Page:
Brygidyr wants a new, expensive suit. Or so he tells Paolo, the sharply dressed youngster who approaches at the Hugo Boss menswear store an acceptably speedy 50 seconds after we walk in. “What’s hot?” we ask. Browns, we’re told. Fair enough, bring us your best browns. But Paolo bails early (Brygidyr’s question about wrinkling proves too much for him) and is replaced by an even more sharply dressed gent — the manager — who swoops onto the scene with an immediate display of his suitability for the job. “You’re a 42 tall,” he pronounces. Brygidyr confirms it, and I tell the manager he should have a booth at the midway.
He’s tall and a bit surly, but has a charming way of leaning delicately across a row of suit jackets to draw your eye down into their luxury. Brygidyr tries on a buttery four-button-cuff pinstripe and, searching for a mirror, sashays past the store’s towering posters of sulking young men. Our consultant hovers discreetly, cooing expertly and occasionally plucking imaginary lint off his model’s shoulders. When Brygidyr rejects this pick, the manager skillfully steers us past the cheaper offerings to the Armanis and Roberto Cavallis, slipping each one over Brygidyr’s shoulders like the closing steps of a dance.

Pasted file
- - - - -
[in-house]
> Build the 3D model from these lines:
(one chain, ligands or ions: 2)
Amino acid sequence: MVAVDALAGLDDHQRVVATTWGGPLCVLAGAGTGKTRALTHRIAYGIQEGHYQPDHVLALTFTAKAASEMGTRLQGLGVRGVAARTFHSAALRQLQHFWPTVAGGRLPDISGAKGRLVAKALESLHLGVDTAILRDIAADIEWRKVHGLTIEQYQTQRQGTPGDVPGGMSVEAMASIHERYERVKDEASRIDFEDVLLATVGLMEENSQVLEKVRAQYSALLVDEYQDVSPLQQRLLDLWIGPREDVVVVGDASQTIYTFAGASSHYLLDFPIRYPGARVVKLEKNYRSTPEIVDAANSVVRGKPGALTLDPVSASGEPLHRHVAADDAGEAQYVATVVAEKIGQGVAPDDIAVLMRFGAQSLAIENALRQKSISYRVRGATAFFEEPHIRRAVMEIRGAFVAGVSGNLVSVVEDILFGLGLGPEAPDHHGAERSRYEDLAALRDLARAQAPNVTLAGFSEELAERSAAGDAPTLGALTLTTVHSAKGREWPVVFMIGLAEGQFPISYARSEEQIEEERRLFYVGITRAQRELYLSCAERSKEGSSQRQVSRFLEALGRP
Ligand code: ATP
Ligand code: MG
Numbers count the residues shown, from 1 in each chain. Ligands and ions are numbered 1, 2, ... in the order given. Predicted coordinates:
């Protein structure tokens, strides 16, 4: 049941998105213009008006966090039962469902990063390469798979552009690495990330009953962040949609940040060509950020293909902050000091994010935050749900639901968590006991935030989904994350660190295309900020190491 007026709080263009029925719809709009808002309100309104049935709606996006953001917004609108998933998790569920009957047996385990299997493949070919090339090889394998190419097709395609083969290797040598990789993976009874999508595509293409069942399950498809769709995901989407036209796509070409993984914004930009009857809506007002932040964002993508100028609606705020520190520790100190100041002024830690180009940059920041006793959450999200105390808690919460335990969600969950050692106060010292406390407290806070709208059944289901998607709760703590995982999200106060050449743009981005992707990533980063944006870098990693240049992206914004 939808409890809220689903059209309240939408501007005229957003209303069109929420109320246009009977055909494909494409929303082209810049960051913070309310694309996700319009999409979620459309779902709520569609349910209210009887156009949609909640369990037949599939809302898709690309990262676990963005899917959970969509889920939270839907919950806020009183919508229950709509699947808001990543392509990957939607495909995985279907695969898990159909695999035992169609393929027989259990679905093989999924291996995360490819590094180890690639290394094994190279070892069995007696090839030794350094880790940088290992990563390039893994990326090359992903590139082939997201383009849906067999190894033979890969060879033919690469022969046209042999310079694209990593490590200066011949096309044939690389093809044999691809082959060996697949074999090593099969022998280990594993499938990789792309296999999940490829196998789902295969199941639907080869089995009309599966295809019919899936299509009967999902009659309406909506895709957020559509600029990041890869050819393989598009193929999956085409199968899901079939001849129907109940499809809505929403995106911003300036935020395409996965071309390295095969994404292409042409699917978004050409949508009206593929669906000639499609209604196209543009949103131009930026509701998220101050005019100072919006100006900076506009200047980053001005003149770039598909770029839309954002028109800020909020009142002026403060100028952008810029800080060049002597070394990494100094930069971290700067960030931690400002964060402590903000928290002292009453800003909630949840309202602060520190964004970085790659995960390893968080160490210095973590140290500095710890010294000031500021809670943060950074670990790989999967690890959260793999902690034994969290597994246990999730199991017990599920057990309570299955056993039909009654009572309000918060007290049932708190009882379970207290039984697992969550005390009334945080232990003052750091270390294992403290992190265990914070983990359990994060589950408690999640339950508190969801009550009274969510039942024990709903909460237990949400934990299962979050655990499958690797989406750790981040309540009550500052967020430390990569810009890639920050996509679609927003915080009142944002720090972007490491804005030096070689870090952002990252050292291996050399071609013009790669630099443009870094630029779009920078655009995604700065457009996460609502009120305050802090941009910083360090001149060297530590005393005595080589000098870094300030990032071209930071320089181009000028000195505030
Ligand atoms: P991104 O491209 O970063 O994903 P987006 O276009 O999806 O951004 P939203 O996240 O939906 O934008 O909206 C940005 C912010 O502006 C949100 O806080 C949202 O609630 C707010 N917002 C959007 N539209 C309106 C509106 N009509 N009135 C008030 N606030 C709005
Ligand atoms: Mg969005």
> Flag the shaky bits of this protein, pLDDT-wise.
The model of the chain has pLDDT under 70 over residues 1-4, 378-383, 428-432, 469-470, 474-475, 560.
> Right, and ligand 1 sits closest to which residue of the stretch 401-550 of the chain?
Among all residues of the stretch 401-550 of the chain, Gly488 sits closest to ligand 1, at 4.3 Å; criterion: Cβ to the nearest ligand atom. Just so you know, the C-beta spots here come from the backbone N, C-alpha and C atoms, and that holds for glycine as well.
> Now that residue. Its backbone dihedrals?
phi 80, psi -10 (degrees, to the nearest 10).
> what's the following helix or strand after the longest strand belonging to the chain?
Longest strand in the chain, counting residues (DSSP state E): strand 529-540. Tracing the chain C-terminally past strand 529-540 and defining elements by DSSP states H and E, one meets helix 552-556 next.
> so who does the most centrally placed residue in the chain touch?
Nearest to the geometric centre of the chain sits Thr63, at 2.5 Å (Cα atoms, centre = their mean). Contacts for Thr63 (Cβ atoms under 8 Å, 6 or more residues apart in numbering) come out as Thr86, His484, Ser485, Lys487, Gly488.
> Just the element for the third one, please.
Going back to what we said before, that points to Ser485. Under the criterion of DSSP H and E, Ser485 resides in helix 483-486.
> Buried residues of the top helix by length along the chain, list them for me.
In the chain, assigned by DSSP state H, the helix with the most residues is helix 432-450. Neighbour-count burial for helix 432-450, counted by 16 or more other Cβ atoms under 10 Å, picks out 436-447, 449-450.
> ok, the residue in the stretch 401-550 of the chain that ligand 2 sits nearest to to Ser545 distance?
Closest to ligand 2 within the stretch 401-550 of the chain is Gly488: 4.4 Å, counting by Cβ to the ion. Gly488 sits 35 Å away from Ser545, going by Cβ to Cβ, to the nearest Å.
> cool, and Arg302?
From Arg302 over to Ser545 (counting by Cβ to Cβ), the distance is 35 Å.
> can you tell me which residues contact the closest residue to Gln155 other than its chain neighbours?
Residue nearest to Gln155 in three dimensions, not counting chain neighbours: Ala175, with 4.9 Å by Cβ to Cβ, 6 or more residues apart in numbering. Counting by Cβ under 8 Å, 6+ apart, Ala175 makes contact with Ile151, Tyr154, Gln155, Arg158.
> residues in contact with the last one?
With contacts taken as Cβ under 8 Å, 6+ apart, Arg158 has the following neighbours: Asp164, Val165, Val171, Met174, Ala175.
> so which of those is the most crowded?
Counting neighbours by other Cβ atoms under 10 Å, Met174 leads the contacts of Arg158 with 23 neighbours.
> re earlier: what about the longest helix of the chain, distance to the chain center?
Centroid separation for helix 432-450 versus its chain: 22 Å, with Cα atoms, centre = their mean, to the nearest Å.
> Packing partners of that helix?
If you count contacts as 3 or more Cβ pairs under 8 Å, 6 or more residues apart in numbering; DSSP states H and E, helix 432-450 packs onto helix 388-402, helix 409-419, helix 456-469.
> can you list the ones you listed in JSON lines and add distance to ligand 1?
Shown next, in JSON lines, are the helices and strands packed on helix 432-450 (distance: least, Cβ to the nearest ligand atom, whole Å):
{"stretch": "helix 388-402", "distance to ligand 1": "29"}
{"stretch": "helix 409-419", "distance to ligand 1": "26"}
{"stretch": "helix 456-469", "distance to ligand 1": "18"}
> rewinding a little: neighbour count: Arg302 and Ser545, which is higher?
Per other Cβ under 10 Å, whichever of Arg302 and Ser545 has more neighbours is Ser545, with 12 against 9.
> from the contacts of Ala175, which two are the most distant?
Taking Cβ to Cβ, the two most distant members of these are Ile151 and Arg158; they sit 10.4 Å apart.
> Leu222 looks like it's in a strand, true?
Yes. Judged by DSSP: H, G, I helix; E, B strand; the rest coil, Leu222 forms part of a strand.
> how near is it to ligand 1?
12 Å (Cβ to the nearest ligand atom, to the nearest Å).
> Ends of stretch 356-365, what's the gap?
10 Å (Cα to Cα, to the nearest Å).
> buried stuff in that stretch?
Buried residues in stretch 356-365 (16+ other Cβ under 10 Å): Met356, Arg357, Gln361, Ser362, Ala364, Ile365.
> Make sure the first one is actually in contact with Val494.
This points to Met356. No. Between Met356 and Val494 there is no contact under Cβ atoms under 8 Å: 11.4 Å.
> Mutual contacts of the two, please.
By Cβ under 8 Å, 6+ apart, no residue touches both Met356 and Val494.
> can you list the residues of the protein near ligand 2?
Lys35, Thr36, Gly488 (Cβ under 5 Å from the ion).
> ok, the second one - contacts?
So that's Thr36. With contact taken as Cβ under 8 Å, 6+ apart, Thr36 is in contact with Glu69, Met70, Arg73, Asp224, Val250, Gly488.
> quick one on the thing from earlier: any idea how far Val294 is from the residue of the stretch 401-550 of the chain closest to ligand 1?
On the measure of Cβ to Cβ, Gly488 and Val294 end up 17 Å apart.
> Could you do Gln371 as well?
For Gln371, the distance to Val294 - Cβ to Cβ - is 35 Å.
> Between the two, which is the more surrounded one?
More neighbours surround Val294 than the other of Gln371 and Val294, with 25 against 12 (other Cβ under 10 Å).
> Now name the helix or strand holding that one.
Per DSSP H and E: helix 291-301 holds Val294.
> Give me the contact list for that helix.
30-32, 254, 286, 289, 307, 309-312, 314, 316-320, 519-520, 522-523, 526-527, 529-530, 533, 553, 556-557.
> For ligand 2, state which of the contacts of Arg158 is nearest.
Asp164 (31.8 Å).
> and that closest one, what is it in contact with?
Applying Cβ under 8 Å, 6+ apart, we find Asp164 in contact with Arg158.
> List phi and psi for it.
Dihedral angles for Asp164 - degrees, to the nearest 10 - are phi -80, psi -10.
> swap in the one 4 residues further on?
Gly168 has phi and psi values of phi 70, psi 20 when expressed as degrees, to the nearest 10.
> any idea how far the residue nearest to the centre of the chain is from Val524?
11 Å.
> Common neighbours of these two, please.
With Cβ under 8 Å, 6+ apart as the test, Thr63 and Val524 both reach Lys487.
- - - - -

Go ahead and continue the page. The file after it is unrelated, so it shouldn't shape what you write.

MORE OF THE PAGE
In the end, this shopping experience is a success, and not because Brygidyr agrees to buy anything. (“I’ll be back when my EI cheque comes in,” is his exit line.) The salesperson was persistent without being pushy, and clever enough to contain us in the most profitable territory.
But even the Hugo Boss experience wasn’t perfect. “There’s one thing that every single person did wrong,” Brygidyr sighs, as we complete our retail tour. “They never asked for the order. They never said, Want to take a suit home with you today? Perhaps a tie?’ You’re there to sell. You cannot forget that.”